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    The Ukrainian proposal to co-produce lethal weapons with the United States is a negotiating ploy that is unlikely to be implemented, former Central Intelligence Agency (CIA) officer Philip Giraldi told Sputnik.

    Ex-CIA Officer: US Unlikely to Accept Kiev’s Proposal to Make Weapons in Ukraine

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    The Ukrainian proposal to co-produce lethal weapons with the United States is a negotiating ploy that is unlikely to be implemented, former Central Intelligence Agency (CIA) officer Philip Giraldi told Sputnik.

    WASHINGTON (Sputnik) — On Monday, Ukrainian Ambassador to the United States Valeriy Chaly proposed producing weapons in cooperation with the United States on Ukraine soil.

    “It is a ploy to tie the United States to Ukraine more closely and is perhaps not serious in the present environment,” Giraldi said on Tuesday.

    The United States almost never participated in such programs except with nations that were already full NATO members, Giraldi noted.

    “Co-production is very rare outside of NATO,” Giraldi explained. “Egypt is the only example I can think of — they produce by license the [US] Abrams tank.”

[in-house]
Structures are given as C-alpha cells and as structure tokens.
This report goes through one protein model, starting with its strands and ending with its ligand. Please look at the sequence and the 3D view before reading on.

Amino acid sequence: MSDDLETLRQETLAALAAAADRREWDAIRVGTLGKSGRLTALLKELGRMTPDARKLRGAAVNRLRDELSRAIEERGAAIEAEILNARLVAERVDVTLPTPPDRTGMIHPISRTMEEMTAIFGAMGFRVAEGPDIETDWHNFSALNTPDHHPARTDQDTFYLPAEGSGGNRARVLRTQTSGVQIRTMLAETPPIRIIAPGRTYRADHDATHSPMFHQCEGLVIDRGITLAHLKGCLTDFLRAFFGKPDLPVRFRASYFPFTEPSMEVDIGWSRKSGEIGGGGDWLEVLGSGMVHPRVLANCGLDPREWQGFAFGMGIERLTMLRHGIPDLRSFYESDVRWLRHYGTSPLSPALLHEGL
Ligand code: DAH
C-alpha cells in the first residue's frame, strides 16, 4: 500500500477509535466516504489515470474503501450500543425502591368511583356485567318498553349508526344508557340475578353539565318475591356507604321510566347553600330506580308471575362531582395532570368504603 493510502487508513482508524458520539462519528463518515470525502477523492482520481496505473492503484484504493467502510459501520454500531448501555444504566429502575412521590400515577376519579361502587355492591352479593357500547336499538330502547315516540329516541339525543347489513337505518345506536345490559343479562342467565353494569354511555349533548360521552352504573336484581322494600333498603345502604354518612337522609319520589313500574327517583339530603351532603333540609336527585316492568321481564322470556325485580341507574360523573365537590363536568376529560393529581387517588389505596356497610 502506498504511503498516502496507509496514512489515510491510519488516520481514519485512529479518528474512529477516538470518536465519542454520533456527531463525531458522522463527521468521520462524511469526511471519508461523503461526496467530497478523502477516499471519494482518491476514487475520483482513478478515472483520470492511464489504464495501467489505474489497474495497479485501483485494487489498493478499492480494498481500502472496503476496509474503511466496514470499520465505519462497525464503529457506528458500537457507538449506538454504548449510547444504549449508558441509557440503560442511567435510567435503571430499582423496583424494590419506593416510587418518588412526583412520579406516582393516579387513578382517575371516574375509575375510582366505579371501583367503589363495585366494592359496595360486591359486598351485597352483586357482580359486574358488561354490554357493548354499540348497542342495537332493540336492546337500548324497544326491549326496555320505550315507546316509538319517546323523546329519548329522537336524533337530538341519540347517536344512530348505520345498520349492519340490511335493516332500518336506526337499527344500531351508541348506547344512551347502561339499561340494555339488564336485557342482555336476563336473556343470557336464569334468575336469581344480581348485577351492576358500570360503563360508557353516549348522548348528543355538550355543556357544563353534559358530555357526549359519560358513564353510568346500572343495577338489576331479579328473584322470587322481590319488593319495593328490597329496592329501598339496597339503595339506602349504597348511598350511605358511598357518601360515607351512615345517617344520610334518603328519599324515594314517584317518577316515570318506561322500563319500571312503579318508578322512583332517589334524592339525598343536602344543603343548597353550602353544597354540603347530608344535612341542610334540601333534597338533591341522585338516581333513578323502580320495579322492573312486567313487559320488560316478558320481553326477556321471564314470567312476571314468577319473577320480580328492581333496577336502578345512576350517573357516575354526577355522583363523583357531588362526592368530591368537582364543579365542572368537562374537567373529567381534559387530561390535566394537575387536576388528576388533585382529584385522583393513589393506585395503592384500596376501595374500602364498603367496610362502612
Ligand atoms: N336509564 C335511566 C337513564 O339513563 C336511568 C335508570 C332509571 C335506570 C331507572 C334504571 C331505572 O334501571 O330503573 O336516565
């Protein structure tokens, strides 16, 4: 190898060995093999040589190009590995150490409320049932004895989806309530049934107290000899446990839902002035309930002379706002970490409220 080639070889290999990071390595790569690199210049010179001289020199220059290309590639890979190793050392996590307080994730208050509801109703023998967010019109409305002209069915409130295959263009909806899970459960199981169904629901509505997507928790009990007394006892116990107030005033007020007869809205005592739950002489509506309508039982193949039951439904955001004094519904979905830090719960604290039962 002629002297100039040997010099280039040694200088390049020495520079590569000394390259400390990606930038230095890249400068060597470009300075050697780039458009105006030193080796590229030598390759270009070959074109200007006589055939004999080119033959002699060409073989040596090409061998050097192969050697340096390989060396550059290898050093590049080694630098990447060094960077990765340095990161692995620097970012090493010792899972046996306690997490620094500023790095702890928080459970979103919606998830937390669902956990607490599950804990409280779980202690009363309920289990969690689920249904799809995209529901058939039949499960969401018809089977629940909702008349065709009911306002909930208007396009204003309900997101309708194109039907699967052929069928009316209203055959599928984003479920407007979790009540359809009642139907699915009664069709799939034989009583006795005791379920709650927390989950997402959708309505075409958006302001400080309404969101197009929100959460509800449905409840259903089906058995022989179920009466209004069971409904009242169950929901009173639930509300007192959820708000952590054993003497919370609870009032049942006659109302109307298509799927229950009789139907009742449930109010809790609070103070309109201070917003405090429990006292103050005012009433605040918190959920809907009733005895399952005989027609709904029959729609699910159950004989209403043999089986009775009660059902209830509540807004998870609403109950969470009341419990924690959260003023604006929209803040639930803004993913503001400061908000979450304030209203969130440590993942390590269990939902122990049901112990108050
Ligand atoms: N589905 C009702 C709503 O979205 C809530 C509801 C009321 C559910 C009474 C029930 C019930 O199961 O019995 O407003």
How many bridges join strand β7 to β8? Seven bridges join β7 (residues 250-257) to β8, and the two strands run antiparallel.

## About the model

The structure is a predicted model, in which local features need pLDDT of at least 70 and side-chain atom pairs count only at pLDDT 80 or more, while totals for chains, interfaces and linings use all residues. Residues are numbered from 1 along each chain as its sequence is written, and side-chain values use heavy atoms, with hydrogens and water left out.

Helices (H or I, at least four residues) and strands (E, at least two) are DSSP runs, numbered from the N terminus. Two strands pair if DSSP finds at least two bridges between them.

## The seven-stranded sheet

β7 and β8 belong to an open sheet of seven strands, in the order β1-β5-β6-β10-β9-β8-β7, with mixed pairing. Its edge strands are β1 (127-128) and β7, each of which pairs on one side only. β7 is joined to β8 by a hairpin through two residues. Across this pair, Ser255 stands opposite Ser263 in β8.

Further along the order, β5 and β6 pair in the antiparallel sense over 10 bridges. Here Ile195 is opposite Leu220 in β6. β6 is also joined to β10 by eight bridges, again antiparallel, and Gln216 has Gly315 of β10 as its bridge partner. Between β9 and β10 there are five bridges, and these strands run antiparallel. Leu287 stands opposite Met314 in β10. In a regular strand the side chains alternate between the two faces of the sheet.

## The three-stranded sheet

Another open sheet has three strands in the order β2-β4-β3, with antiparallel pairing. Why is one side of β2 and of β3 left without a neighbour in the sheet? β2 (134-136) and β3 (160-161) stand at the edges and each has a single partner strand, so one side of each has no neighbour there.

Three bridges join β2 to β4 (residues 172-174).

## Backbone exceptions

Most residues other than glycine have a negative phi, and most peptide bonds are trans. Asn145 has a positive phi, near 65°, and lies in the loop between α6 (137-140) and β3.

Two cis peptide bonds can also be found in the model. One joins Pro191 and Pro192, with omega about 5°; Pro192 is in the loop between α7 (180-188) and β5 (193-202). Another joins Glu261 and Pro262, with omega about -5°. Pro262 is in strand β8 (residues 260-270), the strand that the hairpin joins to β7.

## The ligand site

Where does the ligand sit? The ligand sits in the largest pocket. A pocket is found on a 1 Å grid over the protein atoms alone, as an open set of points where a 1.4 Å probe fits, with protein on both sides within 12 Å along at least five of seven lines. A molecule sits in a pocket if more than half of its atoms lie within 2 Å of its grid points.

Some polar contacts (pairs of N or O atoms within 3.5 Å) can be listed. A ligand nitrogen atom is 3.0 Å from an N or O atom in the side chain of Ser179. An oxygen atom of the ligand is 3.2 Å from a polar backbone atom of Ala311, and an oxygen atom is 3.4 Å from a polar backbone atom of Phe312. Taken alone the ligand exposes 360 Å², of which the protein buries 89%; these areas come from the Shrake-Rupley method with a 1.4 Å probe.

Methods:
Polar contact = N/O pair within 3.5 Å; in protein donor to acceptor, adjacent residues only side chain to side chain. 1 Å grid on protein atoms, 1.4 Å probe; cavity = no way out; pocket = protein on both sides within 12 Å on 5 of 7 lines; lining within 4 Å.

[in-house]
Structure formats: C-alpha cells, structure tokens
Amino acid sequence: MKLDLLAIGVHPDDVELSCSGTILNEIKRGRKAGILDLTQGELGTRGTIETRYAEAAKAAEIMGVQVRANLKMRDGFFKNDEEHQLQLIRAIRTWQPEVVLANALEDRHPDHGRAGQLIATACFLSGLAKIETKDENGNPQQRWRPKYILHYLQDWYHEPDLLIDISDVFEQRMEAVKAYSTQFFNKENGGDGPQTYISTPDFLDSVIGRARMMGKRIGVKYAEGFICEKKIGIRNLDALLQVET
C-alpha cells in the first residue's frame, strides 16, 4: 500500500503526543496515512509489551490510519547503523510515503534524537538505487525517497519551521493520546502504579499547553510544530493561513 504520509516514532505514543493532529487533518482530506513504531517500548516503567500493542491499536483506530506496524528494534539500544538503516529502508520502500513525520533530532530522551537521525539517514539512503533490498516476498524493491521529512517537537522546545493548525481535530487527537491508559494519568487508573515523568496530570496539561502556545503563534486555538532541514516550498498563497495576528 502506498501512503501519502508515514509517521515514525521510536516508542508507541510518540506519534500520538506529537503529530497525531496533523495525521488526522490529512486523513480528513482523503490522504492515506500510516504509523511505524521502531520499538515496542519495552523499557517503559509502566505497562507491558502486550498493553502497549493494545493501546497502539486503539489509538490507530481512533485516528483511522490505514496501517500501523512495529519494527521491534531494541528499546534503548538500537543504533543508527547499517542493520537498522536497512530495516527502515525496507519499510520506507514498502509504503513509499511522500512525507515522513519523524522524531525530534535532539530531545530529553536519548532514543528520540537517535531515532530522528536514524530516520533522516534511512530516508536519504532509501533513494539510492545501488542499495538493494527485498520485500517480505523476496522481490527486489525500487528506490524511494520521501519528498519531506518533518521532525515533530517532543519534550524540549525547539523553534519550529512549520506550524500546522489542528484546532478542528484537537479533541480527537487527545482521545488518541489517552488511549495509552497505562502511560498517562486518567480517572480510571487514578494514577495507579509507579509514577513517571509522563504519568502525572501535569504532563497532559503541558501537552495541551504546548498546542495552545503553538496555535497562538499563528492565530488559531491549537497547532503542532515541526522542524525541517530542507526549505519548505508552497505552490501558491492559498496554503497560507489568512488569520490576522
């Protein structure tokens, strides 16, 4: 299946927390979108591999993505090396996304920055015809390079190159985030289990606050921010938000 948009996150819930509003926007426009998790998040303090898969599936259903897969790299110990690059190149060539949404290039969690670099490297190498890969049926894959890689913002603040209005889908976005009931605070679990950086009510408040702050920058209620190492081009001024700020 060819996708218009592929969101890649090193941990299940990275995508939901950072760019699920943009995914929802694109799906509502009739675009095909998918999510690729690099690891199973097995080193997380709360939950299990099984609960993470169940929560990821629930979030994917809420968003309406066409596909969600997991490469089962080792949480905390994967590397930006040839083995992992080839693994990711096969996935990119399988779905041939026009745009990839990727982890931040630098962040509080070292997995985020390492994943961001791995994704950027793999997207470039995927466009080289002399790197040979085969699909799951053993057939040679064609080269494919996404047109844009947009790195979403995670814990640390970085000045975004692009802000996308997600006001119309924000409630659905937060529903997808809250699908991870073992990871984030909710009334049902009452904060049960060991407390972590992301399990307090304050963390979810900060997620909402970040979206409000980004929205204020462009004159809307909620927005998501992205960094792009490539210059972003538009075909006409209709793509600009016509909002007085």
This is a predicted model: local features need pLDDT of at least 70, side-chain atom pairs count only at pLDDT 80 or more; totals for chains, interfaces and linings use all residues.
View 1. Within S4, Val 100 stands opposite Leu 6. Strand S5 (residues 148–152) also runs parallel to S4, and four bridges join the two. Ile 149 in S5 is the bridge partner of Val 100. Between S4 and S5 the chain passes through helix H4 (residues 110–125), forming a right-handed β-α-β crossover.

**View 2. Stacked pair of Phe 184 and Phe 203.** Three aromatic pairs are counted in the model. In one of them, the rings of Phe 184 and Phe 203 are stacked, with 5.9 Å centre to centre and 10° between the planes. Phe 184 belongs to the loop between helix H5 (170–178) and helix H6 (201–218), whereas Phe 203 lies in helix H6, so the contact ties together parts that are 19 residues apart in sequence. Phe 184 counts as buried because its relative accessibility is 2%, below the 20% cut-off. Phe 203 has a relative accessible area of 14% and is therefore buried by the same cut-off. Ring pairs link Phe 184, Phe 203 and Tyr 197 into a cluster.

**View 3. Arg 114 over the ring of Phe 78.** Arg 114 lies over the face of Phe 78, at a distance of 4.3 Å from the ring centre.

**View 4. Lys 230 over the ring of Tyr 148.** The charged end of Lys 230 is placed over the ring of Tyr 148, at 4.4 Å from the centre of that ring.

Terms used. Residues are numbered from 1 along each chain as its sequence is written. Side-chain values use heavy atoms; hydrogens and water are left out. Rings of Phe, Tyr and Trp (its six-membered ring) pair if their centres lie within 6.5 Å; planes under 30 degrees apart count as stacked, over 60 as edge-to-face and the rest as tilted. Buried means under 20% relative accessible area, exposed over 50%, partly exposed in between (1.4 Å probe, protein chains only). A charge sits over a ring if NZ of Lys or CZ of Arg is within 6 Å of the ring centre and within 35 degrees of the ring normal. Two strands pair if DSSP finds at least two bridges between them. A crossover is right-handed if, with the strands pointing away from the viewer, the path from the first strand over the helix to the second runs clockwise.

Ukraine had significant heavy industrial capabilities for military engineering programs that it had inherited from the Soviet Union, but it would require massive investment and equipment replacement to make any co-production project with the United States possible, Giraldi cautioned.

    “Ukraine does have the capability to manufacture advanced weapons systems with its Soviet-era plants, but it would require a lot of retro-engineering to bring them up to speed,” Giraldi suggested.

    Moscow would be certain to react with anger over such a program that would extend US military and strategic influence so dramatically into a country right beside the Russian heartland, Giraldi warned.

    “Political consequences would be grave vis-a-vis Russia,” he pointed out.

    Giraldi predicted that US President Barack Obama would not want to run the risk of escalating tensions with Russia unpredictably by approving such a scheme.

    “I would think that Obama will be very cautious about interjecting offensive weapons into the Ukraine problem,” he said.

    However, Giraldi said he believed Obama’s favored successor, Democratic presidential candidate Hillary Clinton, might approve the plan if she is elected on November 8.

    “Hillary [Clinton] will likely view it quite differently. [Republican presidential candidate Donald] Trump would not do it,” the CIA veteran concluded.

    The US military assistance to Kiev is currently limited to supplying uniforms and equipment, including counter-battery radars, unmanned aerial vehicles (UAV) and means of secure communication, but it provides no lethal weapons.

    Moscow has repeatedly warned against plans to supply arms to Ukraine, as it fears it would only lead to a further escalation of the conflict in Donbas, where Ukraine launched a military operation in April 2014, after local residents refused to recognize the new government in Kiev that they viewed as illegitimate.

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